The book was John Grogan’s Marley & Me.
To many readers, perhaps this is an emotionally manipulative story. The cover tells you everything, really: that cute dog is going to be the impetus for all of the shenanigans that go on within the pages and at the end, because you’re so invested in the dog, you just know he’s not going to make it. It’s a story about the problematic dog, but at heart, it’s really a story about problematic people who happen to adopt a dog well before they’re ready to be responsible for it.
To many readers, the book is laughable. It’s cheap, mindless entertainment. You know the end before it happens because you’ve heard and read this kind of story a million times before.
But it also happens to be a book about a dog that did exceptionally well. Marley & Me had a huge marketing campaign and hit the New York Times Bestsellers list and stayed there for a long, long time. The book was then adapted into a film starring Jennifer Aniston and Owen Wilson a few years later. It’s not high brow fiction, and it’s certainly not award-winning material.
He loved the book so much and he can’t stop talking about it, my mom said. It was the most he’d gotten excited about something in a long time. She told me about going to the library and looking for what to pick up for him next, but after his experience reading Marley & Me, he didn’t want to read anything else.
Have you read the book? My mom would ask every time we talked. She’d read it, grandma had read it, and now that grandpa had read it, I had to read it.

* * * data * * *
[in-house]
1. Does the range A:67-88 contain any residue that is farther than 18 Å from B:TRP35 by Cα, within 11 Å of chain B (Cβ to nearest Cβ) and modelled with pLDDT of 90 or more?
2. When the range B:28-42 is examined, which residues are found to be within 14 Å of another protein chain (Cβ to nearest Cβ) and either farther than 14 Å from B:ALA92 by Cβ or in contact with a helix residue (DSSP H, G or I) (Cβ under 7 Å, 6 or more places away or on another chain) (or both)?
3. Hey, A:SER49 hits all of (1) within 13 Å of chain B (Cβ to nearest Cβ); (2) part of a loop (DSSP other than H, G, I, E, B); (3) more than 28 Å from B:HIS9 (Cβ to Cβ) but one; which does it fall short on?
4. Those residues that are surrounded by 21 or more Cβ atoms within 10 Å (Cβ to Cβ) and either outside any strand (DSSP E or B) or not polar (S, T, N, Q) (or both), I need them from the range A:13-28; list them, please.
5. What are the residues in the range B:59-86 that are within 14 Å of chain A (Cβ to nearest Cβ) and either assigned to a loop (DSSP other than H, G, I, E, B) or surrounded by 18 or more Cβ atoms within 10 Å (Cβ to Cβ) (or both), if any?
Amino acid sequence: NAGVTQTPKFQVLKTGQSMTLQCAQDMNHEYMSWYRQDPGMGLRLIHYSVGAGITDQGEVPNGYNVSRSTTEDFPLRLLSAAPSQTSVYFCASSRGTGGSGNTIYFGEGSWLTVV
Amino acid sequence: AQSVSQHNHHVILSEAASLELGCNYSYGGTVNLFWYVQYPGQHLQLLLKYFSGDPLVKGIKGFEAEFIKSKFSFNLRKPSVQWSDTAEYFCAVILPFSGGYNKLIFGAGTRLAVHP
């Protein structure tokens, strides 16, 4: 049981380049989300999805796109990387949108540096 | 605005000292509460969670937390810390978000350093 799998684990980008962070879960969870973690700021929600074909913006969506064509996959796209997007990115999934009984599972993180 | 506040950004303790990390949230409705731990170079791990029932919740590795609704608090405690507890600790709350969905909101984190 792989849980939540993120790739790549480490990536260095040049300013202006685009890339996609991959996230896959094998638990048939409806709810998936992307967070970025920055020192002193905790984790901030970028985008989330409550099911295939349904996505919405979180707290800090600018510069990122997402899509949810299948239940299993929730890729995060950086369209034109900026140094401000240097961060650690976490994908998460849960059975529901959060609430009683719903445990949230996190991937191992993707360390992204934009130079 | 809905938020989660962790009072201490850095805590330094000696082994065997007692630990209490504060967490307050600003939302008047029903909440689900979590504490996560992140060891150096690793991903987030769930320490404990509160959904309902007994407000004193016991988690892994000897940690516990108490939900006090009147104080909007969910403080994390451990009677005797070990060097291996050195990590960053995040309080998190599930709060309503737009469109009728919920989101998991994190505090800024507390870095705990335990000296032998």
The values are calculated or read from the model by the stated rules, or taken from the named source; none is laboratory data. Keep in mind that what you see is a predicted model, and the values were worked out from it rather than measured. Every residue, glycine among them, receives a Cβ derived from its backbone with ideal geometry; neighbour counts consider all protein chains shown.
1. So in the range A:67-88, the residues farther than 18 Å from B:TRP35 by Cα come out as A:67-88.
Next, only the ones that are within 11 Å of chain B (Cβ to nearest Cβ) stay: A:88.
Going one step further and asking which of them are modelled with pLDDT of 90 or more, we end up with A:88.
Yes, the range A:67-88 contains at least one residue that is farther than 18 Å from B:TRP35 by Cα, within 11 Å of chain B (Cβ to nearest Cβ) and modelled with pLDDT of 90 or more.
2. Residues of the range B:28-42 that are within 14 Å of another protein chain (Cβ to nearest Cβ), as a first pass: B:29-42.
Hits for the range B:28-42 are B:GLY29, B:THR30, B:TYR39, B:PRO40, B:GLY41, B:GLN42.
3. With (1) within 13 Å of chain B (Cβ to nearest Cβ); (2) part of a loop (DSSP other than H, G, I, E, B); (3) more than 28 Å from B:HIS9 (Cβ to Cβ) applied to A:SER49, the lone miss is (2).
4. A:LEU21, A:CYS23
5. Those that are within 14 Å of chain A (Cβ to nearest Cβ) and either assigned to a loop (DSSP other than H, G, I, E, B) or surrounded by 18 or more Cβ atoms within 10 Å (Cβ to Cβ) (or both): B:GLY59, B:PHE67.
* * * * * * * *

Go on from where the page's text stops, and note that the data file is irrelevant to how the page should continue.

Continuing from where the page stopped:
I didn’t. I wasn’t going to. No way would I own a book like that, let alone read something like that. It wasn’t a “me” book, and I’d read the criticism. Plus, books where you know the dog is going to die are the worst.
My grandpa recovered from the accident enough to confront one of his greatest fears a few months after: flying. He’d wanted to drive from Chicago to Las Vegas to my wedding, but my family convinced him that the solo drive was a bad idea. That he wasn’t young and sprite anymore. So he got on the plane and he had a hell of a good time with us.
He died less than a year later.
I’d just moved in to a new apartment, one that had incredible built-in bookshelves lining the wall of the living room. It wasn’t until after the funeral that I was able to begin unpacking and arranging everything. When I was able to unpack some of those afghans he’d made me and put them on my bed and my couch, squeezing the fine stitching between my fingers and thinking about how sad it was I never was able to learn to do this like he did.
As I loaded up my bookshelves, something was missing: I needed a copy of Marley & Me. The space would be empty without it. I picked one up the next time I went to a bookstore — the movie tie-in edition, since it was the only one available — and I put it on a shelf there with copies of all my beloved books.
Marley & Me moved with me from Texas to Illinois and to Wisconsin. It’s always been on my shelf, alongside other mass market paperbacks. To this day I haven’t read it.
But it will be on my shelf forever.
Whenever I hear people talk about that book or the movie made from it, I always feel the hairs on my arms raise a bit. My fight-or-flight defenses kick in, even though it’s not a book I’ll likely ever read. But Marley & Me reminds me of my grandpa. It’s the book he read when he was miserable, when he didn’t want to do anything but feel miserable because he couldn’t do things he wanted to do.
I like to think he’d be happy I wrote that down, the title of that book he read. I like to think more he’d be proud that I remember how it made me feel, too — that even though he might not be here, a piece of him lives and will always live on my home bookshelves.
It’s the book that raised his spirits enough to keep him going, to finish those pages and chapters. To finish his own pages and chapters.